The closer, “Shining,” is a beautiful ballad of the one-man-band variety that features some lovely sixties-inspired guitar lines and harmonies. The narrator sings about his true love and you will feel the emotion. It’s all fantastic, so get ready to fall in love.

black box Where to Get It: Spyderpop, Kool Kat Musik, Amazon, CD Baby

Fernando Perdomo | Zebra Crossing (2018)
Recorded in famed Abbey Road Studios and in Perdomo’s own Reseda Ranch Studios, the wearer of many musical hats’ fourth album is a rich tapestry of styles centered around the artist’s considerable composing and instrumental prowess. It’s a clear winner.

Highlights are many. The gorgeous ballad, “I’m Here,” is as good and classy an opening track as one could imagine; a strong melody and emotive vocals make the proceedings shine. The poppy “Sometimes I Feel Like Nothing at All,” cowritten by Beach Boys lyricist Stephen Kalinich, is an inviting tune topped by sensitive strings. And popster Ken Sharp guests on guitar on the should-be-a-radio-hit “Find Love,” a spectacular upbeat, McCartneyesque pop song.

Speaking of Fab connections, an all-in, emotionally reverent cover of George Harrison’s “While My Guitar Gently Weeps,” credited to the Zebra Crossing All Star Band, finds guest vocalists Diane Birch, Shawn Lee, and Jason and Daphna Rowe and lead guitarist Perdomo taking center stage for a thrilling album closer. What better Beatles track to cover for an album named in tribute to the area in front of the studio the Fabs called home?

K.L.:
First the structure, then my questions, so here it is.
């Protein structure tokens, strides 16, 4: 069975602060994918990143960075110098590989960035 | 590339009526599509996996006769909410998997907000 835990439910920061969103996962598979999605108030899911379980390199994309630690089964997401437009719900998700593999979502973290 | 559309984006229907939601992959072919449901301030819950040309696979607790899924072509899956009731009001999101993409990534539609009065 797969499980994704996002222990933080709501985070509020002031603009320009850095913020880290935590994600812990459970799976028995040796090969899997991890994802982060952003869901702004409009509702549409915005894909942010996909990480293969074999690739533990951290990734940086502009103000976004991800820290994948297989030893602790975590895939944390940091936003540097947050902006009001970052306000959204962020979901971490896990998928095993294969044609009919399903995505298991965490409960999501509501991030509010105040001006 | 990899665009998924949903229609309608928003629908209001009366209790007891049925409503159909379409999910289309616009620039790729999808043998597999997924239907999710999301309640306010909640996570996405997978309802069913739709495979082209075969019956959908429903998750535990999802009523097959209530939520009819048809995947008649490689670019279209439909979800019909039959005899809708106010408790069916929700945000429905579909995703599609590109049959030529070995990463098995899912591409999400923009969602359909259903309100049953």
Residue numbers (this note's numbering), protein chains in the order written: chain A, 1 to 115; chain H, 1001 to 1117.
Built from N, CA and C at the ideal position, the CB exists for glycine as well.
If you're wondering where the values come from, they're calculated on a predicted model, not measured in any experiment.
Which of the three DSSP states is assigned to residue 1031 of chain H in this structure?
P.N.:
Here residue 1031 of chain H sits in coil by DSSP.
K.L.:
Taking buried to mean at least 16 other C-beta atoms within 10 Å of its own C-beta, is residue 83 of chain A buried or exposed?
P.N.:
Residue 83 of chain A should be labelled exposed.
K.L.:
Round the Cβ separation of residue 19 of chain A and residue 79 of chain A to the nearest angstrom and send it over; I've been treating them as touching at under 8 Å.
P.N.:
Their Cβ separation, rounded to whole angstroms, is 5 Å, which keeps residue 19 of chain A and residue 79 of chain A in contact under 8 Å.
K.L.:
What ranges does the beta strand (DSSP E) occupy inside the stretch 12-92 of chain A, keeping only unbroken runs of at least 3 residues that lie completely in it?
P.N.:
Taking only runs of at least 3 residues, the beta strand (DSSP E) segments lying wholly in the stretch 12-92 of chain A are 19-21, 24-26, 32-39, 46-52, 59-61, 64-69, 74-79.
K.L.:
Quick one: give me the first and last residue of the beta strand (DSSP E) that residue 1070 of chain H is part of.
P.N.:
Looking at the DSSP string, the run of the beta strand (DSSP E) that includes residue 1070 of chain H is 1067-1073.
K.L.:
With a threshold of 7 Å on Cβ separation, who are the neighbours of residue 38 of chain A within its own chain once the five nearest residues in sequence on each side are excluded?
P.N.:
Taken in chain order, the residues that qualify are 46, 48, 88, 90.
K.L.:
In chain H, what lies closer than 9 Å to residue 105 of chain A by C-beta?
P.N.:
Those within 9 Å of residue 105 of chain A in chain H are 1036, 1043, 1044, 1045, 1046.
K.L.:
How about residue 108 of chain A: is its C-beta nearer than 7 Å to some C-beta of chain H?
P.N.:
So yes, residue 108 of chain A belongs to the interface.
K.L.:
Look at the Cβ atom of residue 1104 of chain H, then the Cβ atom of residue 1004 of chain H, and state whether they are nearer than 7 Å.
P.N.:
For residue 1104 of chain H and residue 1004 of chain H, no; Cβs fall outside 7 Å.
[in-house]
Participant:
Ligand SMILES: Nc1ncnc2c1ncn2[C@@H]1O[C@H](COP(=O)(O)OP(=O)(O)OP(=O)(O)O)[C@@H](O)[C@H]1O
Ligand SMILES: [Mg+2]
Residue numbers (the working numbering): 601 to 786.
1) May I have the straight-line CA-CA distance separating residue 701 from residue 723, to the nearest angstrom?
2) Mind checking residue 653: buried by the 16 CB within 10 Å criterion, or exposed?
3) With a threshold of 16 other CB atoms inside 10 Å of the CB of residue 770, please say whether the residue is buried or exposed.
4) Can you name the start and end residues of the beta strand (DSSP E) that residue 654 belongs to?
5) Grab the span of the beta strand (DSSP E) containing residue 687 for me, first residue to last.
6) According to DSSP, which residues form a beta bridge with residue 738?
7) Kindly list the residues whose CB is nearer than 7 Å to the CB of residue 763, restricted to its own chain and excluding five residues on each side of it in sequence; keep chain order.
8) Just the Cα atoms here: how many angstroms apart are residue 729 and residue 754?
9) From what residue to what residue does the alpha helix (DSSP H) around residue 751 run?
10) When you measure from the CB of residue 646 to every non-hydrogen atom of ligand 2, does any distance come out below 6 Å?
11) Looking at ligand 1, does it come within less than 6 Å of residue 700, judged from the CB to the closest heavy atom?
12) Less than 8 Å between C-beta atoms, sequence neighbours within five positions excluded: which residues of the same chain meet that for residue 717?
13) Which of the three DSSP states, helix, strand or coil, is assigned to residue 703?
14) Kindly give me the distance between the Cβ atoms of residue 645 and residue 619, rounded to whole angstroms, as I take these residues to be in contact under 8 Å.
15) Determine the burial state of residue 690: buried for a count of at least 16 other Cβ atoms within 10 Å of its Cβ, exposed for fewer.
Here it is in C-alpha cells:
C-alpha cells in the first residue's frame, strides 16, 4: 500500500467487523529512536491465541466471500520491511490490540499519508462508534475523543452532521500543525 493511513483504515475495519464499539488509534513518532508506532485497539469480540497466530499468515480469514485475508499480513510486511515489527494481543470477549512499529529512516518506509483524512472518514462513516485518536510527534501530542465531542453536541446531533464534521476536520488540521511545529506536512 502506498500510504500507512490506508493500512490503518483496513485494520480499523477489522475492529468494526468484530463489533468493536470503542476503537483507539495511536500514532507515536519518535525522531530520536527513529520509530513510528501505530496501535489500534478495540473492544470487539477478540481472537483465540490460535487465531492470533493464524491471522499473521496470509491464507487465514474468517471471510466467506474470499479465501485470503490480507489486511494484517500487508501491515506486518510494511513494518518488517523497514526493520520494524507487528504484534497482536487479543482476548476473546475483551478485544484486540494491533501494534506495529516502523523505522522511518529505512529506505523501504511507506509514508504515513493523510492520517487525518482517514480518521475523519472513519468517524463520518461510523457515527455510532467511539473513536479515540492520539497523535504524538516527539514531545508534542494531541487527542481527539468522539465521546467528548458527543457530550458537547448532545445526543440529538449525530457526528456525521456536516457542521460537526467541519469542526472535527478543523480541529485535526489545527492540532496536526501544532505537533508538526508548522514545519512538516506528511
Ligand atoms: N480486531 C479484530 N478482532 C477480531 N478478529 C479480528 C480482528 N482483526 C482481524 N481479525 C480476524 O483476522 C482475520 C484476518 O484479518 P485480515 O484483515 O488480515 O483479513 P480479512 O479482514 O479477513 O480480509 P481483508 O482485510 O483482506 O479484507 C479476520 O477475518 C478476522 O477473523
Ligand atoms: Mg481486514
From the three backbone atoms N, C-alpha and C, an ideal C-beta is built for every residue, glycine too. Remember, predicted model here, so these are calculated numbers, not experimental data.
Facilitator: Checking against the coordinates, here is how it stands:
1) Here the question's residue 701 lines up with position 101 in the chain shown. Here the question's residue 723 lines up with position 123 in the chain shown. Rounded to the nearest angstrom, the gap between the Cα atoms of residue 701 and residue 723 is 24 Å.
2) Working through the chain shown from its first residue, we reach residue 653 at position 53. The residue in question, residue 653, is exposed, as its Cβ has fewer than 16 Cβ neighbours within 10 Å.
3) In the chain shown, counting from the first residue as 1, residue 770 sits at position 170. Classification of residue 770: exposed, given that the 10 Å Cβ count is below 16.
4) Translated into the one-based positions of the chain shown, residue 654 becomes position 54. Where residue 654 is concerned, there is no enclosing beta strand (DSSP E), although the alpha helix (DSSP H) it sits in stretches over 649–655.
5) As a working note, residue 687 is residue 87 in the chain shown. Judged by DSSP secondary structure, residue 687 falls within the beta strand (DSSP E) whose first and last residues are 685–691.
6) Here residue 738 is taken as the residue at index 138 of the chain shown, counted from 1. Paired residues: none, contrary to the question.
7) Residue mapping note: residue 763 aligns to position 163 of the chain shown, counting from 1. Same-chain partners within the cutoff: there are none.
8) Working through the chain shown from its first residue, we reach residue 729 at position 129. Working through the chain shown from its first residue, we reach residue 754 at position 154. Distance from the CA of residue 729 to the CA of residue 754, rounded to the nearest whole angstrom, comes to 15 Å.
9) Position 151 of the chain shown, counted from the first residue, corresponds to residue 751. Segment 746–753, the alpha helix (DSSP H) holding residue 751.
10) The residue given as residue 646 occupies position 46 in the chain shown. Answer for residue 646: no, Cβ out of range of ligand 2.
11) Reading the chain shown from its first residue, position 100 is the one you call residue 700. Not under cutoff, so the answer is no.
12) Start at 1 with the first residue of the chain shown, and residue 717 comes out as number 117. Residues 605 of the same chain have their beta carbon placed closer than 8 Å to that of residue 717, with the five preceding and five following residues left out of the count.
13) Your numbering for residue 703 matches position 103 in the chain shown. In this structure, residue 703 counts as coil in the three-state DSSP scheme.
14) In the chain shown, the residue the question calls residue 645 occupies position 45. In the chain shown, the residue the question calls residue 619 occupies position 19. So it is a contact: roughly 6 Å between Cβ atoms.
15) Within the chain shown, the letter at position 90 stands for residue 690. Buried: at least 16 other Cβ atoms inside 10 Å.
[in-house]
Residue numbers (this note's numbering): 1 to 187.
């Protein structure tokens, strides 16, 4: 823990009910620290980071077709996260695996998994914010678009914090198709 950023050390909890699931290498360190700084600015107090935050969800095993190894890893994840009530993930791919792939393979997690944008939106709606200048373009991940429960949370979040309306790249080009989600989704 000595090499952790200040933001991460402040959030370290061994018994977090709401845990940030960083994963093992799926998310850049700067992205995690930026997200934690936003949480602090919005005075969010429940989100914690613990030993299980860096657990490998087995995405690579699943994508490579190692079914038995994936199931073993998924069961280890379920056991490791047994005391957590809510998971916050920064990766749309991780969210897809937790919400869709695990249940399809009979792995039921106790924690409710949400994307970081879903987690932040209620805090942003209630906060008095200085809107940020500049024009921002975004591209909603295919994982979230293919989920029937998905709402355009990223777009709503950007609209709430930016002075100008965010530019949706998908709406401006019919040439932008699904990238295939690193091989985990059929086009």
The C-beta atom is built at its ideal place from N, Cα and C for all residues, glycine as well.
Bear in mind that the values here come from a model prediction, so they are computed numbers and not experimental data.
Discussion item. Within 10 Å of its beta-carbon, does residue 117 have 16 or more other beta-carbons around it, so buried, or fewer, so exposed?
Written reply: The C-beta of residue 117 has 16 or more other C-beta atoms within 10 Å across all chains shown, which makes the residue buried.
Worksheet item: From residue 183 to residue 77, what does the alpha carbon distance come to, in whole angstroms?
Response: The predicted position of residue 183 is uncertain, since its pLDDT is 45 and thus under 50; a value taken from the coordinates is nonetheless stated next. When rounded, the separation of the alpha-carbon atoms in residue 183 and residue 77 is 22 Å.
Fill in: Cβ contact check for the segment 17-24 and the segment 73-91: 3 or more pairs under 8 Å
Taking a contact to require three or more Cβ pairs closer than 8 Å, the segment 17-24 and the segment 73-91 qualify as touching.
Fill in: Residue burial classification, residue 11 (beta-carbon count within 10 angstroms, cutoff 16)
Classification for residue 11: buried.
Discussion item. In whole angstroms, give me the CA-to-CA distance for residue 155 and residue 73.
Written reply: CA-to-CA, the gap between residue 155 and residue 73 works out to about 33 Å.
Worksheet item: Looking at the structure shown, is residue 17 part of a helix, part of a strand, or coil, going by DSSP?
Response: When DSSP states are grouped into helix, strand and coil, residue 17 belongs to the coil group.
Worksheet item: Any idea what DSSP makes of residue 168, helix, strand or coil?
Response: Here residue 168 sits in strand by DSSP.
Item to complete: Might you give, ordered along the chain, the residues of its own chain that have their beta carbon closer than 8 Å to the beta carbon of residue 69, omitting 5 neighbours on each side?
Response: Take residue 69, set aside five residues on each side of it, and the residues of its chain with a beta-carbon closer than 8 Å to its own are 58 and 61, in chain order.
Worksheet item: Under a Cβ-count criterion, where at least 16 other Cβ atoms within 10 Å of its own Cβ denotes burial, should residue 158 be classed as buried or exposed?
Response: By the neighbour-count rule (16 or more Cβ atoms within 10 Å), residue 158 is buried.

black box Where to Get It: Bandcamp, Amazon, Kool Kat Musik

Mick Terry | Days Go By (Kool Kat, 2018)
Mick Terry’s Days Go By is 2018’s standout pure melodic pop album. It’s filled with the kind of songs that used to jump out of transistor radios way back in the when.

Every one of these 10 songs is golden. Witness: “Emily Come Back,” an upbeat, poppy tune that’s sure to please and features this album’s title in the lyric. “Everybody’s Talking” is an upbeat, sixties influenced Motown-meets-Billy Joel song (think around the time of Joel’s An Innocent Man album), a toe-tapping classic if ever I heard one. And “Friends Like That” is another upbeat gem with a great melody, handclaps, horns and a crazy, meaty guitar solo.

Working with producer Jim Boggia, Terry has produced a clear, melodic winner.

black box Where to Get It: Kool Kat Musik, Mick Terry on Bandcamp

Astral Drive | Astral Drive (Lojinx, 2018)
Longtime producer and songwriter Phil Thornalley has made nothing less than the Todd Rundgren album that Todd Rundgren never made in the 1970s. Astral Drive is nothing less than one of the best albums of 2018.

Astral Drive finds Phil Thornalley doing most of the heavy lifting for a joyous tour de force composed of original songs that echo the catchy sounds that the Hermit of Mink Hollow made all those many years ago. Thornalley, a legendary producer and songwriter whose lengthy list of credits includes co-writing Natalie Imbruglia’s “Torn,” fell in love with Todd Rundgren’s music when he heard Todd’s song “Useless Begging.” The rest, as they say, is history.

Astral Drive’s go-to, so-much-fun-to-listen-to song “Summer of ’76” practically demands that you sing along, whether you know the words or not. You will love, with all of your heart, the warm ballad “Wishing I Could Change the World,” which honors the classic Todd-meets-Philly-Soul bond, and the glorious, melody-infused, upbeat “Love is Real.”